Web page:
The Horten Aircraft HX-2 is a two-seat flying wing or "Blended Wing Body" aircraft powered by a Rotax 912 iS2 engine. It was built and first flown by Horten Aircraft in 2018 as an experimental aircraft. Test flying continued in 2019 at the Kindel Airfield near Eisenach in Germany.

HX-2 Flying Wing during flight testing in Eisenach, Germany

Design and development Edit

The company is named after aircraft designer Reimar Horten (1915-1994).[1] He is regarded as a pioneer in the field of tailess aircraft and made the most significant contributions to the development of predecessor aircraft prototypes, including the PUL-9 and PUL-10 [de].[2]

The HX-2 has a two-seat enclosed cockpit in the centre of the carbon-fibre and glass-fibre honeycomb structure, reinforced to provide roll-over protection. The undercarriage comprises a retractable tricycle landing gear, with an emergency ballistic parachute.[3]

By June 2019 there were no published performance specifications for the design, but the company claimed that it would be faster and with greater range than comparable aircraft, due to the lower drag of its no-fuselage design.[1]

The manufacturer claimed that the design was intended to accept new technology propulsion systems, as they become available.[1]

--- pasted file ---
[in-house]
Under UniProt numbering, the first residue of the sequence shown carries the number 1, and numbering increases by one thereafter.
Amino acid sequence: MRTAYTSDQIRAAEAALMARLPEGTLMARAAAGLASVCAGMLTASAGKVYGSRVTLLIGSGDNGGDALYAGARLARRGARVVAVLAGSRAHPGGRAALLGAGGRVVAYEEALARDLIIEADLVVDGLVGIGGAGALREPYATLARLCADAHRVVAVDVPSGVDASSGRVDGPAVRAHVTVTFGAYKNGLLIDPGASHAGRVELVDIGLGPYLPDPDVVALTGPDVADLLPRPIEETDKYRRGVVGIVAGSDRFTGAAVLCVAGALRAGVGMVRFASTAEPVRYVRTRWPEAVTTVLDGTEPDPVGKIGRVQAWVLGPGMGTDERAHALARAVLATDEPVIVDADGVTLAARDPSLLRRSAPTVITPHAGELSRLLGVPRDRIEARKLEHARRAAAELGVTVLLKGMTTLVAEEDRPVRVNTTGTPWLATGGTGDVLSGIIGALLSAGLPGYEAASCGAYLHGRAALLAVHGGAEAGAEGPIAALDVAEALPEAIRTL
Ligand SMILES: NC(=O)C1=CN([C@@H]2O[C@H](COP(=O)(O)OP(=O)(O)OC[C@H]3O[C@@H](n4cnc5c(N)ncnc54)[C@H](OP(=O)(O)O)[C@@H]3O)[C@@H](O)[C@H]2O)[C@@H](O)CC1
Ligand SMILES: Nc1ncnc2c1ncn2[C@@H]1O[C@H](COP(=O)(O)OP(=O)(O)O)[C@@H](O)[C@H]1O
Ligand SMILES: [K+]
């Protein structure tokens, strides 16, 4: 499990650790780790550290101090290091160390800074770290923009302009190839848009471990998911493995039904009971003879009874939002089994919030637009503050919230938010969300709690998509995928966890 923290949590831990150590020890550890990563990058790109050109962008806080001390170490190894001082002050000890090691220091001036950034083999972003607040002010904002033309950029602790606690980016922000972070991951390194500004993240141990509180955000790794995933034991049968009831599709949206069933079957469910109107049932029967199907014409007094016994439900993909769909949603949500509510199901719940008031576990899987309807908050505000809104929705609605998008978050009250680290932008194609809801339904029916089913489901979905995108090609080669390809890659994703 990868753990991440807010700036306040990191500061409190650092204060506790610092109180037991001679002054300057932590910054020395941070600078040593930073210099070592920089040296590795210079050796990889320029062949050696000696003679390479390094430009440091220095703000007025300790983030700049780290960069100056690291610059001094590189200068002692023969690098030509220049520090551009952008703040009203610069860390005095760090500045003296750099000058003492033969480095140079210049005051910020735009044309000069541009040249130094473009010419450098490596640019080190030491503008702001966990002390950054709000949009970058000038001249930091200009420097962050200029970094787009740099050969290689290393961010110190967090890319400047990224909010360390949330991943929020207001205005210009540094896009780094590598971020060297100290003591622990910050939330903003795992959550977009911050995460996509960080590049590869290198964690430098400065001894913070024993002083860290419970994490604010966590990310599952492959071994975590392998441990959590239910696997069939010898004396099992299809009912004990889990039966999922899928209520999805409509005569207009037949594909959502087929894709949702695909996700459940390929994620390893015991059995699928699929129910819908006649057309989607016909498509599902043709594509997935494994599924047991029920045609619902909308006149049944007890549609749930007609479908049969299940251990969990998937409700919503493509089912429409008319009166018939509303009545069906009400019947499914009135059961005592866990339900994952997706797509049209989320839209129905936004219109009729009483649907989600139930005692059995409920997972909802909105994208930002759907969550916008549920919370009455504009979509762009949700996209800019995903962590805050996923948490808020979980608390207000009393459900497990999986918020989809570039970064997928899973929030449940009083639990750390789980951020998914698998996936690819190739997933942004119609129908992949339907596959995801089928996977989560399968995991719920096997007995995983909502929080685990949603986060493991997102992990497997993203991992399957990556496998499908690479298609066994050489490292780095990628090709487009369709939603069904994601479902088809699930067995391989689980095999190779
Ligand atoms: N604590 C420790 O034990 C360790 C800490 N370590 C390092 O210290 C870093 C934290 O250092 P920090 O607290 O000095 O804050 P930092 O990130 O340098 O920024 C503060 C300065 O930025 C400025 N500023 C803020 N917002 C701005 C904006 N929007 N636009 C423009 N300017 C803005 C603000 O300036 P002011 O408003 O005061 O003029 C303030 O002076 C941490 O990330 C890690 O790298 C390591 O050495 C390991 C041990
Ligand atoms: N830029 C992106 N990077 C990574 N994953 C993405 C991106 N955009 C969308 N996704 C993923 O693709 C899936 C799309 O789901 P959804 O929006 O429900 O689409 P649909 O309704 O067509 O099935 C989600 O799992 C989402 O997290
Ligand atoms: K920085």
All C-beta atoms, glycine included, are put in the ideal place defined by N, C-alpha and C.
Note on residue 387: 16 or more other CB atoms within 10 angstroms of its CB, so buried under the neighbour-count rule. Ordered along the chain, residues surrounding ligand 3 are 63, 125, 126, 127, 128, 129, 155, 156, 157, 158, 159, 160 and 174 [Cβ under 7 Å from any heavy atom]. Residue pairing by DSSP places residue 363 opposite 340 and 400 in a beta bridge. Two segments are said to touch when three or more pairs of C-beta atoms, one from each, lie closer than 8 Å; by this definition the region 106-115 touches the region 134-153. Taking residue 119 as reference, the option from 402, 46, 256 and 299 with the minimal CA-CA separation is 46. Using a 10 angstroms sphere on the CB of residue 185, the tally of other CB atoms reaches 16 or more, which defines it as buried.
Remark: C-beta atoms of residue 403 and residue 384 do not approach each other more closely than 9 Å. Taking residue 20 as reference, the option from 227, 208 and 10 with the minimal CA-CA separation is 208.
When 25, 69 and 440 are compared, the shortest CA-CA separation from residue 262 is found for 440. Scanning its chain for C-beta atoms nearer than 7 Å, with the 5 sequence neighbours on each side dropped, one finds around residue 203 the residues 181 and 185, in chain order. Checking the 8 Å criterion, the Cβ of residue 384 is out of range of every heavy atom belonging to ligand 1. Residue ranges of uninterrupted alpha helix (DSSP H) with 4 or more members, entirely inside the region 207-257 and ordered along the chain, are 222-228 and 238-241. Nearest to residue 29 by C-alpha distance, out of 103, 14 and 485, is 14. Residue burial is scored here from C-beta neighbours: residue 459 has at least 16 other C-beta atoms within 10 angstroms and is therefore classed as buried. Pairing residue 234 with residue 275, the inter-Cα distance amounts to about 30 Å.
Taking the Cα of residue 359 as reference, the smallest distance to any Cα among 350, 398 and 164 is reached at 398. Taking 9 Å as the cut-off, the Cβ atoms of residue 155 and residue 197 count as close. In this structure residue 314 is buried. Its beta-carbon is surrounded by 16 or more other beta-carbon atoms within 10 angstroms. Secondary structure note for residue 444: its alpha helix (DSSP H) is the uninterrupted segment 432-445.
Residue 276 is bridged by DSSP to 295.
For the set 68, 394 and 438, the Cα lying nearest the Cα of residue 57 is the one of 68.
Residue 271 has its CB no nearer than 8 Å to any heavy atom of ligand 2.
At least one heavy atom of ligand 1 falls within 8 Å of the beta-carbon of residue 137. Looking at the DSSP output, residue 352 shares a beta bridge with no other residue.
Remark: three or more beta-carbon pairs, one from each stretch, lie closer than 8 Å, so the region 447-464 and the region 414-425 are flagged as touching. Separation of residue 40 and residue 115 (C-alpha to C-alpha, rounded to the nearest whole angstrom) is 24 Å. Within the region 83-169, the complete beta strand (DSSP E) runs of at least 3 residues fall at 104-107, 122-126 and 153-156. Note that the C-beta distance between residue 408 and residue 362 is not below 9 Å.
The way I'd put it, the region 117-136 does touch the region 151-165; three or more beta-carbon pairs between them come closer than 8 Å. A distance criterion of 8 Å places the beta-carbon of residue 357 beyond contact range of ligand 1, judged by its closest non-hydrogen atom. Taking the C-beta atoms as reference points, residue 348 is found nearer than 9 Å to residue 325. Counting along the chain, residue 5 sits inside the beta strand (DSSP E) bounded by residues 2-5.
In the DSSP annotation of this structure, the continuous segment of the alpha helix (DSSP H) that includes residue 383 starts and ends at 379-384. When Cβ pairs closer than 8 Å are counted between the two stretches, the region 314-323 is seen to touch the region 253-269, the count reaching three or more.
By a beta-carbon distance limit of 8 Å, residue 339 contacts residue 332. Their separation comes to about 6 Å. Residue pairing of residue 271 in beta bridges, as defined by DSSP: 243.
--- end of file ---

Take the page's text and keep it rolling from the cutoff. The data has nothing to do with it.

The HX-2 prototype was exhibited at AERO Friedrichshafen, 2019.[4]

Specifications (HX-2) Edit

General characteristics

  • Crew: 2
  • Length: 4.5 m (14 ft 9 in)
  • Wingspan: 10 m (32 ft 10 in)
  • Gross weight: 600 kg (1,323 lb)
  • Fuel capacity: 240 L (63 US gal; 53 imp gal)
  • Powerplant: 1 × Rotax 912 iS2 4-cylinder air-cooled horizontally-opposed piston engine, 75 kW (100 hp)

References Edit

  1. ^ a b c Cook, Marc (4 June 2019). "Horten HX-2 Flying Wing To Make U.S. Debut At Oshkosh". AVweb. Archived from the original on 5 June 2019. Retrieved 5 June 2019.
  2. ^ "PUL-10". Retrieved 28 May 2019.
  3. ^ Horten Aircraft. "Home". Horten Aircraft. Retrieved 28 May 2019.
  4. ^ Horten Aircraft (2019). "Our History". Archived from the original on 28 September 2020. Retrieved 15 December 2020.

External links Edit